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Mason City Globe Gazette Newspaper Archives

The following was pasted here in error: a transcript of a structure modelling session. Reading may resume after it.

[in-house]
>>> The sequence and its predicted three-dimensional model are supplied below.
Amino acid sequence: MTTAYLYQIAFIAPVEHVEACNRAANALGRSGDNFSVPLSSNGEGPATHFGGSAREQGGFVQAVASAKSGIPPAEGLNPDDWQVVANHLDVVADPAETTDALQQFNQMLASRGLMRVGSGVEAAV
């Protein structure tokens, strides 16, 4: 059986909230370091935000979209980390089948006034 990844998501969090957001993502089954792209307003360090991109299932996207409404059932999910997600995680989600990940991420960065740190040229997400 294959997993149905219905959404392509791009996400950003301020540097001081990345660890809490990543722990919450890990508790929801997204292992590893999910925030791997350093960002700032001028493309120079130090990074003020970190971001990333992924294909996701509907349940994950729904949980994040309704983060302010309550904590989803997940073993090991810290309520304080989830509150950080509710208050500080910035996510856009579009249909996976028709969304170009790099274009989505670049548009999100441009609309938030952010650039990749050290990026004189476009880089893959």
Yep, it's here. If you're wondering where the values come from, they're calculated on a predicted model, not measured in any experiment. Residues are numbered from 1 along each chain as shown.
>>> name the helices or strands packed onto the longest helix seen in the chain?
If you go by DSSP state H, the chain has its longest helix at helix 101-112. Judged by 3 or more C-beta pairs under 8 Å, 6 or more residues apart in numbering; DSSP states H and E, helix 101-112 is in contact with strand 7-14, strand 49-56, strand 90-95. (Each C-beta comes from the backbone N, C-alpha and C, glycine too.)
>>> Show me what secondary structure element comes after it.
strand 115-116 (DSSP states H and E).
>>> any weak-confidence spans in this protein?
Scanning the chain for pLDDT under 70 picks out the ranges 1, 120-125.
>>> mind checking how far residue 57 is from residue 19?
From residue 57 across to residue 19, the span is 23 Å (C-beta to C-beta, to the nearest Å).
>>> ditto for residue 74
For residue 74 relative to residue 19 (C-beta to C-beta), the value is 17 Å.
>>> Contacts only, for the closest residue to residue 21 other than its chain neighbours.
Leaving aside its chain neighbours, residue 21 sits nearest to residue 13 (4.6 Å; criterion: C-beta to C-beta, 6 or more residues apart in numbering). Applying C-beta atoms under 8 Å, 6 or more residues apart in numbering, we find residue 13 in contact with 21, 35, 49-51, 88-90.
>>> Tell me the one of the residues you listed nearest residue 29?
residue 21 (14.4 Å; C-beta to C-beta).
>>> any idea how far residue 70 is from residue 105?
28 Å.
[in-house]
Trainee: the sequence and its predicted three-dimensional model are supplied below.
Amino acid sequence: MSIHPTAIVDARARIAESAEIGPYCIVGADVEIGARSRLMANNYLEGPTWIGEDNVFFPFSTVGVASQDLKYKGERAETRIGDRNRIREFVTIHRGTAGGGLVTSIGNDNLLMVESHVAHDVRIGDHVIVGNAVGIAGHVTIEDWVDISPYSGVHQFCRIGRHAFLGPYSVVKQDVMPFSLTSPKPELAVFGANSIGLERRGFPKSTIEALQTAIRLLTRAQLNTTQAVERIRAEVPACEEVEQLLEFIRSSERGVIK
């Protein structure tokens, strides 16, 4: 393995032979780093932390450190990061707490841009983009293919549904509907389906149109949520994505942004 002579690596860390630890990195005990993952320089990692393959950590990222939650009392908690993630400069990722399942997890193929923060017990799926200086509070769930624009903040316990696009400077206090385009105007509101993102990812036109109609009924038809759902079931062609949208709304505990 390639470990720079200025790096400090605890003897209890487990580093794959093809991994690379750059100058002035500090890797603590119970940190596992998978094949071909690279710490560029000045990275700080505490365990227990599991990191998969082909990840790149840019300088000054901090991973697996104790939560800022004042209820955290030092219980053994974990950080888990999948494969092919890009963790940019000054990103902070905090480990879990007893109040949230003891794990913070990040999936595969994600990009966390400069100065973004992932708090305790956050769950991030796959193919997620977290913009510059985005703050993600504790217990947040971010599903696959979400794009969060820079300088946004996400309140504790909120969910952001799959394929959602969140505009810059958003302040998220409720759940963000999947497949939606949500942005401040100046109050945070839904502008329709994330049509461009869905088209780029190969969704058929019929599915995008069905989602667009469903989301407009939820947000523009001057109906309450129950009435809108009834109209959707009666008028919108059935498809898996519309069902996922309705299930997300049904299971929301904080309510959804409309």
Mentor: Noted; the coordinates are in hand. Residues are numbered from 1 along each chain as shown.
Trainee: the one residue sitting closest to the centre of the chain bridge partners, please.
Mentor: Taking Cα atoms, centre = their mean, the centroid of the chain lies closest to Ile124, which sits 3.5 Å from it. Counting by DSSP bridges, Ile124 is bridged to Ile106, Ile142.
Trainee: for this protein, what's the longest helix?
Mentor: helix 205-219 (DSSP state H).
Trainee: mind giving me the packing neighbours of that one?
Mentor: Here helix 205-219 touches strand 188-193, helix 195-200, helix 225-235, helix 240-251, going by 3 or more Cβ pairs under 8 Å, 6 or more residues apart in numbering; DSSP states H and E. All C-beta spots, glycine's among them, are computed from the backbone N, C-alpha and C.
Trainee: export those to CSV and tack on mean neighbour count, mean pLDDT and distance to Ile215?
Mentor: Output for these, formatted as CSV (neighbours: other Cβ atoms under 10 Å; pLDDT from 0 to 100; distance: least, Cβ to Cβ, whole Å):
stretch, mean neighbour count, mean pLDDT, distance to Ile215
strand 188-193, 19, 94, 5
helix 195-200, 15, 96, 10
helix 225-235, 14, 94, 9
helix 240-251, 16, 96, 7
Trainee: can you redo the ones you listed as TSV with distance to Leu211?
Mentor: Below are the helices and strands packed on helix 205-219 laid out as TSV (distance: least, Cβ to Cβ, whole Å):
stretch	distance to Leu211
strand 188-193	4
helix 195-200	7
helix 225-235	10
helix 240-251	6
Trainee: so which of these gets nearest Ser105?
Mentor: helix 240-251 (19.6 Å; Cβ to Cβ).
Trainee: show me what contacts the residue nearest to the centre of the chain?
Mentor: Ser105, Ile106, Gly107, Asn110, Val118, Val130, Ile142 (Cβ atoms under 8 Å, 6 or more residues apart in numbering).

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Mason City Globe-Gazette (Newspaper) - July 9, 1951, Mason City, Iowa Noftfc Iowas Doily Newspaper Edited kc HMM CITY GLOBEGAZETTE HOME EDITION TMI MIWirAMK THAT MAKIS ALL HOIITH IOWANS NIIGHIORS VOL LVII Associated Frew United full Wirw Ccati MASON CITY IOWA MONDAY JULY 1M1 TMi Paper Coniliti of Two One Mans Opinion A Commentary W CARL HALL Managing Editor Your Red Cross Is Set for Action THIS years national convention of the American Red of which I had the honor to be vice held in what most Americans regard as the most likely first target for an Abomb New York City was its setting That somber fact it seemed to me was lurking in the atmosphere of the giant armory at 34th St and Park Ave as one speaker after another made reference directly or by inference to therole the Red Cross would be called to as sume in the event of atomicwar Millard Caldwell former gov ernor of Florida now serving as federal civil defense administra tor dealt with the subject in a direct manner and without gloves Our nation he said without pull ing any punches is wide open to attack One days program was given over to the national blood pro gram in which the Red Cross is working hand in hand with the medical profession hospitals and defense authorities Here was the less direct approach to the subject of atomic warfare Estimates of the blood and blood plasma re quirement in the event of a bomb attack in a populous area stagger the imagination Millard Caldwell Report Calmly wholly without resort to emotionalism Mr Caldwell in his report to the Red Cross workers from all corners of America sought to banishthe apathy which he candidly admitted has been the greatest single handicap to him in his unsolicited assignment For the first time in history he pointed out in quoting the president our country faces the threat of a sudden devastating at tack on our major cities We must assume that the Soviet Union has atomic bombs and that it has the planes to drop those bombs on our cities Our air force experts tell us enemy planes could drop bombs on our cities no matter how good our defenses There Is no complete protec tion against an atomic air attack is deal that can be done to reduce deaths and injuries Thelives o millions of people may depend on the development of astrong civil defense program to meet such an attack We Most Not Gamble Every city factory office and home must be organized J or civil defense As long as there is a chance of any kind that atomic bombs jflay fall on our cities cannot gamble We cannot be caught unprepared More than ever before accord to Gov CaldweU the strength LI of the ability to defend a measure of our national military potency From a military defense stand point he added have in the making the mightiest machine in history Our industrial potential is being mobilized at a rapid pace But on the homefront we are wide open to attack It will do us little good to create a mighty air force if we do not at the same time provide protection for our cities our in dustries and our peoplel A mighty army and navy will accomplish little if a first crash attack on critical targets costs us the will to fight and win While Americans as a rule outside of New York City Detroit anda few other prime target disposed to yawn at the mentionof these things Mill ard Caldwell believes with all his heart that America is in grave danger unless we wake to our periL Casualties Cut in Half Its his studied belief that in the event of an atomic attack on a city an adequate setup for civil defense can cut casualties in half What we need to do that job he told the Red Cross convention are these 3 things 1 An informed public man woman and child knowing exactly what to do in the event of attack and mentally disciplined to do it 2 A hardhitting civil defense corps of 15 million trained volun teers This team must be trained and ready to go into instant ac tion 3 A few minutes warning to get people into the best available shel Turning to the assumption that Russia has been making atomic bombs and at this moment has a big enough stockpile to blast major cities and production centers of America Mr Caldwell offered this admonition Together as a free people we must meet this emergency as our forefathers met the emergencies of their day We are gambling lives and the nations future if we put our trust only in the mili tarys power to retaliate What of the Russians All of this of course has to do with our own civil defense pro gram But what about our enemy Are the Russians taking the matter military band CONTINUED ON PAGE 2 Iranians Turn Down Court Rule Truman Plea on Oil Is Late II Washington ff President Truman offered Monday to send Averill Harrimah to Iran to help try for a settlement of that coun trys oil dispute with the British government Mr Truman said the conflict threatens a collapse of oil ations which would be disi aster He declared that the time available is running out Mr Truman made his offer in a message to Iranian Prime Min ister Mohammed Mossadegh The Iranian chief wrote him two weeks ago asking American sup port for Irans nationalization of its oil resources At the same time Mr Truman said he still hopes that a way can be found for British skill and operating knowledge to continue to be used in running the strate gically important oil industry In Tehran shortly after deliv ery of the presidents letter the Iranian government announced that it has informed Nations Iran will not abide by any ruling of the international court of Justice In London Foreign Secretary Herbert Morrison said he consid ered this announcement obscure and told the house of commons Britain was considering asking the United Nations security council to take a hand Mr Truman also wrote that he earnestly recommended that Iran give careful consideration to the recent proposal of the world court for a temporary solution to t h e oil Controversy Rejection of that plea already had been indicated from Tehran however No Guarantee Peace Will Develop From Talks Gen Ridgway Blue Earth Crowd Large Despite Rain Bj STAFF EEPRESENTATIVE Blue Earth of the f largest crowds in its 29 year history was present Sunday for the annual picnic of the Hamil tonStory association at the fair grounds here This was in spite of torrential rain in the early morning hours and threatening weather through muchof the day The days program opened with a religious service in the forenoon presided over by the Rev A E Thompson of Blue Earth and fea turing a sermon by Doctor LA Pierson president of the South Dakotadistract of the Evangelical utheran church Doctor Piersons first assignment as a pastor was at Ames in the early 20s In the afternoon the entertain ment opened with a band concert by the Blue Earth municipal directed by Howard Olsen and was climaxed with ah address by M L Nelsen widely known as a newscaster and commentator for WHO Des Moines ing skies forced a marked abbre viation of his talk on the world peace subject Folk Soars Music on the afternoon program before the amphitheater included a group of close harmony numbers by the Blue Earth community male quartet a group of familiar folk songs by Mrs A L Russell of Blue Earth dressed in Nor wegian costume and some com munity singing led by Earl Hall GlobeGazette editor By way of introducing a couple of numbers sung by him in the Norwegian tongue the Mason Dityan explained that he would be employing one of the numerous proxTncial dialects known to Nori way But he didnt state which one it would be and nobody present seemed quite able to identify it The Pierson sermon in the morning was on a hopeful note Troublous times such as these he asserted have more than once down through the years proved to be the prelude to happier days and an advance up the ladder of Christian culture Mrs 0 C Christiansen was at the piano for the morning service and she provided the accompani ment for the vocal numbers on the afternoon program The quartet also sang a number for the fore noon program Much of the days activities was preserved in a movie designed for consignment to a special historical archive in Oslo There was a tape recording of a considerable part of the proceedings Alumni Meet Alumni of old Ellsworth college met briefly in the period between the picnic lunch served family style on the spacious fairgrounds and the start of the afternoon pro gram before the grandstand The days festivities were tinged by a special note of sadness by reason of the death Saturday night of Mrs R M Hall wife of the associations president most of Lhe years since its formation in Northwood back in the early 20s Mr Hall put in an appearance nt the picnic responding in a touching manner toJhe welcome TREE ROOTS LIFT HOUSE FROM FOUNDATION Mrs Mary Zittrisch 80 of Al gona sufferedback injuries and shock when her home above was lifted from its foun dation by an uprooted tree during Sunday mornings storm during which winds reached an estimated 100 miles an hour extended by Mayor Hector Put nam Most of the presiding duties however were transferred to Martin O Madison of Blue Earth secretary Floyd Omundson also of Blue Earth is treasurer All will serve for another year in the absence of a formal election Funeral services for Mrs Hall have been set for 2 oclock Wed nesday afternoon in the Hanlon towiiLutheran church V Note wasv made in the printed program and by Mr Madison1 of the recent death of the first sec retarytreasurer of the organiza tion Albert Hoversten of Los Angeles A letter front Mrs Hov ersten was read i GlobeGazette photo bS Soflien WIND DAMAGE AT are cleaning up the debris of the black smith shop of Richard Thompson in Belmond Thompson was sleeping in the r4ar of the building where he hadhis living quarters when a wind storm ripped the Jront sec tion of the building He escapetHnjury r I The Weather Mason Clear skies and mild Monday night Cooler Monday night with low 53 to 58 Tues day fair and mild with high 75 Iowa Partly cloudy any a little copier Monday night and Tues day Scattered showers west and south portions Monday night and in south Tuesday Low Monday night 53 to 58 north 58 to 62 south High Tuesday 72 to 78 Further outlook Generally fair with temperatures averag ing a few degrees below normal Wednesday and Thursday Minnesota Partly cloudy and cool Monday night and Tuesday Scattered light showers south west portion Monday night Low Monday night 4854 north 52 56 south High Tuesday in 70s GlobeGazette weather data up to 8 a m Monday Maximum 73 Minimum CO At 8 a m 70 Precipitation 09 YEAK AGO Maximum 80 Minimum 64 Wisconsin Heaviest Hit of Storm States COMMAJfDS ARMY Capt Chester E Whiting com manding officer and director of the TJ S army field band of Washington D C will conduct the 100piece band in East park Monday at 8 p m Ordered into federal service in 1940 along with his unit he organized and directed the famous America 1 division band on Bougainville in 1942 He fought with the di vision on Bougainville and Guadalcanal Special units here will include a 40voice soldiers chorus and a 6man drum novel ty group 46 MORE CASUAITD2S Washington defense de partment list identified Monday 46 more casualties in the Korean war Of the total 11 are dead 30 wounded and 5 injured in battle zone accidents Iowa Storm Damage Counted In Thousands North Iowa was cleaning up debris Monday after a se ries of hard wind and hail storms swept across the area early Sunday morning causing thousands of dollars dam age to barns farm buildings power and communication lines and crops Communities in the storm path included Belmond Al gona Thornton Kanawha Goodeil Meservey Latimer Klemme and Eagle Grove Damage was not concentrated in any one locality loo Cedar Falls and Dubuque also reported sform damage Barns were unroofed or des troyed trees were uprooted and power and communication lines were down in many neighbor hoods Hail was reported at Thornton Kanawha and Garner Injured in Storn At Algona Mrs Mary Zittrisch 80 was hi a hospital suffering from shock and back bruises She was injured when winds esti mated to havereached 100 miles an hour uprooted a at the side of her homel The roots ex tending under the house lifted the structure 6 feet off thefoun dation Her daughter Annaabout 40 was in the house but was not injured The winds blew down the hangar at the Algona airport and scram bled 8 planes More than 500 trees were down inthe city and 800 telephones were oat of service Power was also disrupted but emergency service was provided for the hospital Planes Damaged At Belmond the front of the blacksmith shop of Richard Thompson was blown off Thomp son was sleeping in the rear of the shop but escaped Belmond airport two planes were damaged navytrainer was carried two blocks by the wind Toof of the NelsXaaborg Public Service company were on 24hour shifts in an attempt to restore electrical service Electricity and telephone serv ice was disrupted at Eagle Grove and trees and branches were down all over the city Kenneth Haggerty 34 Dubuque drowned when his car was swepl off highway 20 Sunday east oj Independence by a swift stream of flood water and tossed into Buf falo creek Otis McGee 25 suffered shock when lightning struck his home inWaterloo Mason City escaped the severe wind storms but a total of 103 inches of rain was reported Satur day night and Sunday morning Asks to End State of War With Germany Action Would Not Affect Occupation ed By THE ASSOCIATED PRESS Windwhipped rain and Kail hi the midwest Sunday causing deaths and heavy property dam age Severe storms hit parts of Iowa Minnesota Michigan M i s s o u r and Kansas but in Wisconsin practically the whole state felt the blows of wild weather Five deaths occurred in Michi gan A sudden gust upset a boa in Crystal lake near Greenville drowning 3 persons At Granc Rapidsa man was crushed when a tractor overturned as he triec to clear his boat channel of a windfelled tree Near Muskegon a motorist swerved to avoid a large tree limb blown into thi road and cfashed into a ditch killing his wife An 83yearold man died of a heart attack when the storm blew over a barn on the Rockfield Wis farm where he lived In Wisconsin winds lightning rain and hail caused damage ex pected to exceed Sl000000 winds of hurricane intensity downed power lines ripped roofs off of buildings and blocked roads with felled trees The St Mary of the Lake Catholic church across Lake Mendota from Madison was de stroyed when it was struck by lightning and set afire Crops in the Pecatonia valley were ruined when 58 inches of rain fell in an 8 hour period The downtown section of Darlington was under water Central Minnesota took a good dousing with St Cloud reporting 214 inches of rain in less than an Threemiles south of Meservey the top of the barn on the Wiltshire farm tenanted by Bud Barkema was blown off In the same area the dairy barn on the John Half wassenrfarm was damaged lightning set fire to barns on the Sain Larson farm 5 miles north and two miles east of Ka nawha and on the Eric iMeyers farm near Klemme Before light ning struckjthe Meyers barn his silo and hog house were blown away The barn on the Leerar farm south of Britt was also de stroyed by lightning KEA lines Down A hog house and a hen house on the L H Kalder farm 7 miles north of Latimer were blown away The loss of 60 to 75 chick ens was reported A silo was blown onto a hoghouse on the John Van Horn farm near Latimer Mlling one hog At Garner the rural electrifica tion administration estimated damage to its system alone at be tween and S60QO Ten miles of lines were down east of high way 69 in the Belmond area The winds in the Garner area were accompanied by rains meas uring from two to 4 inches local hail The storm covered a widearea in the south half of Hancock county Much land in the county is still under water and cannot be replanted to other crops Corn and bean fields are becoming and lawns at Hampton and morethan 100 telephones were out of service Employes of the KEA and the Iowa Newsmen Demand Coverage By NATE TOLOWETZKY Seoul Korea Mat thew B Ridgway warned Monday night there was no real guarantee that peace Jin iorea will come from th e armistice negotiations open ing Tuesday in Kaesong I start of tceasefire talks only hours away Ridg way Whether there is to be good faith or not is only to be judged by performance and we Tiavent come to the rper fonnance ment on an armistice most precede a cessation of BoatU s The supreme commander was dents onnews coverage full scale negotiations The correspondents have demanded western press at the historic event May Switch be no western newsmen session later riesiiont He disclosed that he selected the peace enyoysfa the right to change the at Wtfne1 Earlier Monday Sffltittr fltor Seoul Irom Washington man asked congress Monday to end the state of war between the United States and Germany He said that unfortunately Russia had made a final peace settlement impossible at this time Trumans action was par of a coordinated move by the western allies The French cabine approved a decree to thesame end although at was not clear whether it was effective immediately or must await the formation of a new cabinet irOthejnexf few days ForeignTSecretaryHerbert Mor rison announced to the ol commons that Britains state war with Germany was ended as from Monday v J THree members ofthe JBritiih advance their state ofwar with the Germans They were TAus tralia New Zealand and South Af rica New Zealand alsoannounced the end of itsjstate of war with Austria The move was of major import ance in the eastwest battle for the minds and support of the Ger man people It also has some practical ad vantages for the Germans al though it will oiot end the occupa tion by the western powers With thestateof war at an end Germans will be able to travel or business in as nationals of a friendly govern ment rather than as enemy aliens Also Germans will be able to bring suits in TF S courts Specifically Mr Truman askec that congress adopt a resolution weedy and spotted Small grain declaring the state of war with was flattened throughout the area Germany shall be terminated at Damage at Hampton Trees littered the streets such date as the president pro claims This country has been in a state of war with Germany since Dec 11 1941 his envoys Shortly thereaftertaty travelled bVliJnt to advanced peace Writers Claim el f Stole Propaganda Play From UN Negotiators tfons ed at betor Monday ike talks it i hour A grounded down trees and signs in St Paul and Minneapolis 55mileanhour wind wires and knocked GlobeGazette photo by Sorlicn WINDTWISTED Piper Cub plane at the Bel mond airport just north of town on highway 69 was de molished by terrific winds that struck from the north west at 6 a m Sunday A navy trainer on the same field was blown two blocks through one fence and finally came to rest at another dents TWatDiterr to Kaeswir te nans land tawinc the sioa H an city But Col Andrew J Kinaer chief of the UK Uaim tout which Sunday pre liminaries for me talks told a news MBfereuM Sunday night ffifMHi defi nitely is in tsiiii lots who flew gnmp to JBJMswir saw reds the ridreline annd tfce lut strip Some newsmen sftULthe arm had deliberately misled western world emeerninf status of Kaesonr Kiimer said several commu nist photographers were present at Kaesonr probably incndlnc newsreel men He thotf ht com munist newspapermen also were there although he was not cer tain The only prewrepresentation the TIN had at Kaesonr was an army photographer taken atone at the last minute UN correspondents arrned that the allies in leaving news men behind Sunday had outsmarted by the eommnnlsta They felt the comnraniste withtheir press on hand womld take of the tremen dous propaganda possibilities fit such aii occasion Allied report ers were forced to depend on official releases and hastjr in terviews at Seoul and at Mun san site of the allied peace camp Munsan where the iother two members of the delegation waiting Ridgway gave his envoys their final instructions then returned to Seoul The peacecamp is only a few minutes by air from ICaesonfc ancient capital where an end may be found for the Korean war now in its 55th week The talks probably wffl begin about 10 a Tuesday p Monday C S Confer Each Da Vice Adm C Turner Joy allied delegate willconfer with Ridgway at the end of each session Joy is commander V S naval forces in Korean waters Other allied representatives Maj Gen L C Craigit U ;